Earlier this week and the week before, there was much buzz going on about Radio Station KRXQ in Sacramento and the hateful comments two of their on-air personalities made about transgender (TG) kids.
At this point, is there anyone surprised by another Catholic priest busted for his hands-on work with young boys? What's different about this case, however, is the claim that the priest was only giving the boy "anatomy lessons". Sure, uh-huh. Lessons that took place in his car on a bush track, at a pool, and even in his church.
Lest we let the companies that stepped up to take a stand in the KRXQ mess think they might have made a mistake, I've put together some business cards to give to employees when visiting these establishments. The cards say:
I am here today because your company took action to say that child abuse is not a joke.
After DJ's at radio station KRXQ in Sacramento verbally attacked transgendered children and promoted both verbal and physical abuse of TG kids, your company made the decision to stop advertising on KRXQ.
Making the right choice should not affect your business. You are, in fact, getting additional business and increased loyalty because of your company's stand. Please share this card with management to let them know that doing the right thing paid off.
They're formatted for Avery Business Cards, but could just as easily be printed on plain paper or cardstock and cut manually. You can download the cards in PDF format and, if you like, you can flip the paper over and run it through again to print a list of the companies on the back.
Perhaps there is some hope for our species after all. After hearing about doctors being killed in the name of saving lives, rights being taken away because of a book most of its followers have never read, and education being stripped to the bone so that we can keep buying our big screen TV's, it's nice to see people -- a lot, apparently -- and companies doing the right thing.
What does it say about our society when, in times of economic hardship, the first thing we do is cut funding for education, children's services, and healthcare for kids?
Sara, to Jared: "You know what I think of you? I think you're the best brother I ever wanted."
If you're not familiar with the KRXQ brouhaha, a couple of on-air personalities (hereafter referred to as the "idiots") decided to use their May 28th show to make fun of transgendered children. They didn't just stop with name-calling, however, but suggested that physically beating them is the proper way to deal with a transgendered child. Not surprisingly, this did not sit well with the TG community, nor with any other civilized members of our society.
It was comments such as "Dawn, they are freaks. They are abnormal. Not because they’re girls trapped in boys bodies but because they have a mental disorder that needs to be somehow gotten out of them", "You got a boy saying, ‘I wanna wear dresses.’ I’m going to look at him and go, ‘You know what? You’re a little idiot! You little dumbass! Look, you are a boy! Boys don’t wear dresses.’", and "f my son put on a pair of high heels, I would probably hit him with one of my shoes. I would throw a shoe at him."
There were phone calls made, e-mails sent, articles written, and boycotts planned. The radio station promised that the idiots would address the broadcast and their hateful remarks, but all they said, really, was "just kidding about the beating kids with a shoe part!" According to GLAAD, "While we appreciate hosts Rob Williams and Arnie States clarifying that they do not advocate violence against children, they ultimately failed to take responsibility for using dehumanizing and defamatory words to describe transgender children on last week’s show."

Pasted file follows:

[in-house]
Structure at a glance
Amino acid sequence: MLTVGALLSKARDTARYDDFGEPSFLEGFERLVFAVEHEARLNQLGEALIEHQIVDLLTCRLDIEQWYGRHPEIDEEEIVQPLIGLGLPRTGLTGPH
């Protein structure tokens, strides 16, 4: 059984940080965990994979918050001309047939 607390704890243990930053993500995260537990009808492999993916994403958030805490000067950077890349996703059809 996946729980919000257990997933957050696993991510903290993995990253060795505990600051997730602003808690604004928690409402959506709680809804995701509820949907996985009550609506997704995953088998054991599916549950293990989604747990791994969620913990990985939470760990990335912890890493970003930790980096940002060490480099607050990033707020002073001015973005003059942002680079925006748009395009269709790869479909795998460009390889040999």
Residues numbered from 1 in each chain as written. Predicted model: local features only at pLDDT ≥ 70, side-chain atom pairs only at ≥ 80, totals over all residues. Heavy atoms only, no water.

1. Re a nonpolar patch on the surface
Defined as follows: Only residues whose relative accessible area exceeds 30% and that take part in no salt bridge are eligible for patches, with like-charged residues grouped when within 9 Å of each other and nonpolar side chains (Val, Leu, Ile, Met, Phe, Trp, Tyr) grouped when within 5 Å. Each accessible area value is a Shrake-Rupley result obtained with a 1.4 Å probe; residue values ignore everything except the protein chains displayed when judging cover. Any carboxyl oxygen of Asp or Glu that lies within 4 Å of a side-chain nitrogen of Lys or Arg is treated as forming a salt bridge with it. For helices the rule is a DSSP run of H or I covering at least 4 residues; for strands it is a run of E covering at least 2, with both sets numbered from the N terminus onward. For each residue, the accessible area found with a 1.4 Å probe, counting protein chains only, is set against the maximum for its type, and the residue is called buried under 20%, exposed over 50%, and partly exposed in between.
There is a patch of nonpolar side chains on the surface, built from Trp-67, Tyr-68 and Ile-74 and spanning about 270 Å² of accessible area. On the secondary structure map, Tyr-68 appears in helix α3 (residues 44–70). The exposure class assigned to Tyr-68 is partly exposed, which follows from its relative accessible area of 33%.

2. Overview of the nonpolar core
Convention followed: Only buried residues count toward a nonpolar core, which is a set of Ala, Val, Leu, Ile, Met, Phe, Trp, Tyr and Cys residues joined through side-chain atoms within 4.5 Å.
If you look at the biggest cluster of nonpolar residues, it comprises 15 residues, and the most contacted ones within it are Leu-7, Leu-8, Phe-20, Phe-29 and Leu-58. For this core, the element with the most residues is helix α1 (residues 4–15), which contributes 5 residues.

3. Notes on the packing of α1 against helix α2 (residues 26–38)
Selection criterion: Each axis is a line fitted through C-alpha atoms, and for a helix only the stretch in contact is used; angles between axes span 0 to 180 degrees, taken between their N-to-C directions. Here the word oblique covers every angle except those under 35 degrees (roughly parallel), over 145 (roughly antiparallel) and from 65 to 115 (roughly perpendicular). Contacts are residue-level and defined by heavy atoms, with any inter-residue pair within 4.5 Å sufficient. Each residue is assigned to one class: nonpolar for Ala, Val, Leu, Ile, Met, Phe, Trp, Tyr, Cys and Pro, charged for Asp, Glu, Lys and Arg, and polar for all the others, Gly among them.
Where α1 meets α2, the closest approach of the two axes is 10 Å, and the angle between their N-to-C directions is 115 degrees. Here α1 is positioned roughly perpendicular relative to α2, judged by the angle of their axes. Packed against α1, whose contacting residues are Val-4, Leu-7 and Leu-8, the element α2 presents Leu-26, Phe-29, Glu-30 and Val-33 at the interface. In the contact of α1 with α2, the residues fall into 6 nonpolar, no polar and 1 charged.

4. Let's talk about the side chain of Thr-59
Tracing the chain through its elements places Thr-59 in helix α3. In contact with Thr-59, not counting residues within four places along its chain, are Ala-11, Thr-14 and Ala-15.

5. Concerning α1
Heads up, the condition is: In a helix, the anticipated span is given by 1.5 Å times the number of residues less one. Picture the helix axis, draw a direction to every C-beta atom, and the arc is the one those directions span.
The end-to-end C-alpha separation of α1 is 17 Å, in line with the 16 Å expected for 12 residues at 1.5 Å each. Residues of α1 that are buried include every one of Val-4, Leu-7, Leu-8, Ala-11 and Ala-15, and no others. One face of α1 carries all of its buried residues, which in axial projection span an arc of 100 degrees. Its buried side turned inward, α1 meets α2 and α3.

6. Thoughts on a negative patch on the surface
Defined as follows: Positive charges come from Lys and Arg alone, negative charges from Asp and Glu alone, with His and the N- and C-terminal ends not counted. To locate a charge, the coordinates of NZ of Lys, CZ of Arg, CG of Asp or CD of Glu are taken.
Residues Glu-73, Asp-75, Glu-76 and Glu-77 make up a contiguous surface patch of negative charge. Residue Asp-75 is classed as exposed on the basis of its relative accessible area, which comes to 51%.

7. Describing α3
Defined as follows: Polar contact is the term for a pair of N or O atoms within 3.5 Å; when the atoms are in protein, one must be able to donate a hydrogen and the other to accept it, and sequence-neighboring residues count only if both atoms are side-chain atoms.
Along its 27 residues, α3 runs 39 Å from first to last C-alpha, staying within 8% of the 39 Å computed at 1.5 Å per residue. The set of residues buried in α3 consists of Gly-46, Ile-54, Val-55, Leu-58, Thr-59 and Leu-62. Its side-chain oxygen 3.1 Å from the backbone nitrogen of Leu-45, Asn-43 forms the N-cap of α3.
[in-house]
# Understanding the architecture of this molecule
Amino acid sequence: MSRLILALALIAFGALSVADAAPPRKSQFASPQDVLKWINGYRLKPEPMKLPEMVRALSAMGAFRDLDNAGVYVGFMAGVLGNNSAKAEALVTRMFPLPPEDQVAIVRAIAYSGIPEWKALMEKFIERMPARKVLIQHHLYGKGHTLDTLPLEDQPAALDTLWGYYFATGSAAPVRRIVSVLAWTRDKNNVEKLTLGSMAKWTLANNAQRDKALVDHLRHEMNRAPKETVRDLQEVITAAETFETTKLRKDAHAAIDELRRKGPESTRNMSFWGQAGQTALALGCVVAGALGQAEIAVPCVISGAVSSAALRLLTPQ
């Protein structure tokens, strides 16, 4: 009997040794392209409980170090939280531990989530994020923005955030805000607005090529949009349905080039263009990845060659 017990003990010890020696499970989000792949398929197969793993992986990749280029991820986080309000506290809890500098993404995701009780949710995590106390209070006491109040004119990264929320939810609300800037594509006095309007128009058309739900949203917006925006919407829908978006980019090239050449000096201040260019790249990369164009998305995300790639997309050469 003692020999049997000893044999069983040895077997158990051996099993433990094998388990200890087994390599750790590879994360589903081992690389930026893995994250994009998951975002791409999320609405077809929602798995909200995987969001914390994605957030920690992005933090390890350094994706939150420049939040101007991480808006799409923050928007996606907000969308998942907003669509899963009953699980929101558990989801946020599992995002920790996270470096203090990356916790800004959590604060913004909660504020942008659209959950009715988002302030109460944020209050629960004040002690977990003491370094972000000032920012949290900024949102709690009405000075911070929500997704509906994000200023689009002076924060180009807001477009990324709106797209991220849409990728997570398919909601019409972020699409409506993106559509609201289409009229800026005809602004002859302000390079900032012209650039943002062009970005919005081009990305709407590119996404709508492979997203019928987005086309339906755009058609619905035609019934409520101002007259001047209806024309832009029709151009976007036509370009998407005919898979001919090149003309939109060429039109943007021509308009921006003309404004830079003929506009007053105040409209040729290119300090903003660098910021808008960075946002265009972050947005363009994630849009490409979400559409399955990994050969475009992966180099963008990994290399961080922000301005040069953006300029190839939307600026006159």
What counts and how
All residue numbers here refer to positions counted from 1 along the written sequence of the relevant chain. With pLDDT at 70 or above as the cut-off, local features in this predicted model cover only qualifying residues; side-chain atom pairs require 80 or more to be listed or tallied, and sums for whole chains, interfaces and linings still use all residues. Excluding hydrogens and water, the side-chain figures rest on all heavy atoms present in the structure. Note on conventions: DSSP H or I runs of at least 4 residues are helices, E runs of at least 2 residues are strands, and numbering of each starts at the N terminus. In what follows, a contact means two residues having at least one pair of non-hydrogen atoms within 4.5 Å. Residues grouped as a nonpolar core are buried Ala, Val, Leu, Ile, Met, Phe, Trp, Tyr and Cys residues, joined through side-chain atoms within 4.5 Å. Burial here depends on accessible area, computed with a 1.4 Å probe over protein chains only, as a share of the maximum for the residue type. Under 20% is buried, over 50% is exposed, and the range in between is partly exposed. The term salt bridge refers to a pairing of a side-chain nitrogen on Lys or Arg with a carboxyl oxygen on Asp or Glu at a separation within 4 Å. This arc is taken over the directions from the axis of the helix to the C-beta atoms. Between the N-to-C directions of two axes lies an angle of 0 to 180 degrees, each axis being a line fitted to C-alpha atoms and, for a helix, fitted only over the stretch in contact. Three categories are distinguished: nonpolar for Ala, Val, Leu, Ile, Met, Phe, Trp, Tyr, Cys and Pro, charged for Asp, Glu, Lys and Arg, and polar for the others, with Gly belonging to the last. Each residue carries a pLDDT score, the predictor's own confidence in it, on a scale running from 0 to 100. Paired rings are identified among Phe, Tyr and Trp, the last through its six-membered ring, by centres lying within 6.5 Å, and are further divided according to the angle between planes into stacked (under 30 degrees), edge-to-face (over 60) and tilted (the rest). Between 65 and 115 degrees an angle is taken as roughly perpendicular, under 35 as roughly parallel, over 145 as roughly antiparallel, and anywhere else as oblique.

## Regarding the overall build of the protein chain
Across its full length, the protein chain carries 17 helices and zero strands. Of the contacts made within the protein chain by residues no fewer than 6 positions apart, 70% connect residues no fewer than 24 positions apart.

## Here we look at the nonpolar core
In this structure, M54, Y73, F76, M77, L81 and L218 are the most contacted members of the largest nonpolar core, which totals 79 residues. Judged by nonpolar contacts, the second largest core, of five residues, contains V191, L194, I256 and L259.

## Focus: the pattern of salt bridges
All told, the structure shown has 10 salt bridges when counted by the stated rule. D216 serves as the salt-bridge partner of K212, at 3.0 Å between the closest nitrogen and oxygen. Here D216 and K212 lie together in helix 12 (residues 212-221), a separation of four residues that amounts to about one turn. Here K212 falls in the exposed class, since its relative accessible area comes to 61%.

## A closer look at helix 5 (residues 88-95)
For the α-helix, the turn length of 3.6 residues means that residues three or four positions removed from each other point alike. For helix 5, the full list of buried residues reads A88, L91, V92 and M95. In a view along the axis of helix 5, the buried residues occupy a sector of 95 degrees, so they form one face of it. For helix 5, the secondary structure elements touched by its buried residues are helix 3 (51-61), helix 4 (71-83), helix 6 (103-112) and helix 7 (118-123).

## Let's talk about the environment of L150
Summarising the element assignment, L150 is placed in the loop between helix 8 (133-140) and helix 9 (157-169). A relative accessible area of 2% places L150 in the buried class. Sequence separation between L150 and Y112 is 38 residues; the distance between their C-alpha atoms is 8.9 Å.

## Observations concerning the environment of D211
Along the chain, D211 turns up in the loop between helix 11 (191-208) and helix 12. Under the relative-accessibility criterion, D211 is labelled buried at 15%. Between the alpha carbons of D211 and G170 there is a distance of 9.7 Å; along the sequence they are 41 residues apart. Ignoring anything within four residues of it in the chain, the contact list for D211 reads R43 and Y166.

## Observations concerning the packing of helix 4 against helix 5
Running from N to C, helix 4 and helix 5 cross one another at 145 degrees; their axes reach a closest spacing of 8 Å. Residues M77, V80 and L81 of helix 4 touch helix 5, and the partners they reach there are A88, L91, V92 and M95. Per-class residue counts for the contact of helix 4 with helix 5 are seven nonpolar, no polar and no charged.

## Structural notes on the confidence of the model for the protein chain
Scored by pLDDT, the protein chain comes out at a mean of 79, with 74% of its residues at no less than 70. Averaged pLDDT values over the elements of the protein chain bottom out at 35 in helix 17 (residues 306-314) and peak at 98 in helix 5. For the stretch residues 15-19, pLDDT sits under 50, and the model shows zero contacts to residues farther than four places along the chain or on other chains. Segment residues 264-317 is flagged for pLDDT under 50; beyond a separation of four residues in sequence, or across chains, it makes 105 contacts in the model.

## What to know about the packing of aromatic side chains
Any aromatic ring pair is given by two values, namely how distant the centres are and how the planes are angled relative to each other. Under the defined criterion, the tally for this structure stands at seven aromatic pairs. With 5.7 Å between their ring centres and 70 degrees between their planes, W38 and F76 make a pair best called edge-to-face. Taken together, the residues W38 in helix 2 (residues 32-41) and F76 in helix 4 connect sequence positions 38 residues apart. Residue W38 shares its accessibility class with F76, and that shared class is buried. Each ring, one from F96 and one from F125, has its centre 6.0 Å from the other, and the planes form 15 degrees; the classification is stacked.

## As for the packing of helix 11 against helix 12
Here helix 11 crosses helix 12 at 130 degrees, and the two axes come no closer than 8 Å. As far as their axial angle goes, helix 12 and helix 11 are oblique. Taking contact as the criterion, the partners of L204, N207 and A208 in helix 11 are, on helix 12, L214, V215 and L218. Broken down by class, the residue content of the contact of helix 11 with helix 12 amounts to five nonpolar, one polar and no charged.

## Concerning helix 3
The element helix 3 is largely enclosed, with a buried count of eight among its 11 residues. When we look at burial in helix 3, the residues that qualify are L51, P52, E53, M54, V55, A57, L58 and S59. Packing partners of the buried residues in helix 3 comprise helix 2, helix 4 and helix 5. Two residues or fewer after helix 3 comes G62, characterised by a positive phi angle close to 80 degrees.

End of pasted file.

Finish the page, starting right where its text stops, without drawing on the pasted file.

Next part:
Of course, civilized people are outraged, but we all know that business is business and there's little room for sentiment in the business world, right? Wrong! So far, ten -- count 'em, ten! -- corporations have pulled their advertising from KRXQ in Sacramento. The first was Chipotle -- I sent them an e-mail thanking them and that evening, Jared and I both ate at Chipotle. I plan to eat there a lot more often now. They were followed by Snapple and Sonic. Now the list includes Verizon (KRXQ -- Can you hear me now?), Bank of America, Wells Fargo, and McDonald's. Makes me glad we use Verizon and Wells Fargo.
It just goes to show that sometimes businesses can make the right decision. I'm sure it was made so as not to lose customers, but still, it gives me hope.
Have you ever had someone try to help you with something and get frustrated because you don't need or want help? Have you felt somehow slighted because the other person thought you couldn't do it yourself? That's how I feel about my marriage right now.
I used to think that Rachel and I had a pretty strong marriage, an equal partnership based on shared goals and ideals, mutual respect, and, above all, love and friendship. While we certainly aren't perfect, I would never have guessed that we were in imminent danger of getting divorced. How wrong I was.
I hate prop 8.
The governor should say "Equal rights for all".
I have a friend named Benjamin that has two moms that are gay and aren't married and want to get married. I want marriage equality to come back!
We should bring back marriage equality because it's fair and what's fair can make the state a better place!
My son Jared took it upon himself to offer his take on California's proposition 8, the controversial measure that stripped the right to marry from many citizens. This post is part of Blogging for LGBT Families Day.
John came from a fine family -- his faster was a respected businessman, his mother was active in the community, and they were all prominent members of their church. At school, John was a decent student and popular with the other kids.
If you're Jewish, chances are, the holocaust has affected you somehow. If you're Black, it's likely that Martin Luther King Jr. is counted among your heroes. If you're Cherokee or Choctaw, you know the history of the Trail of Tears. But you don't have to be Jewish, Black, or Native American to understand how wrong the Holocaust, slavery and discrimination, and forced relocation are. It seems obvious to us today, but I'm sure there are still those who see Jews, Blacks, and Native Americans as something less than human -- or at least less than themselves. Most people, however, know that it is "the content of their character" that determines a person's worth, not their culture or skin color.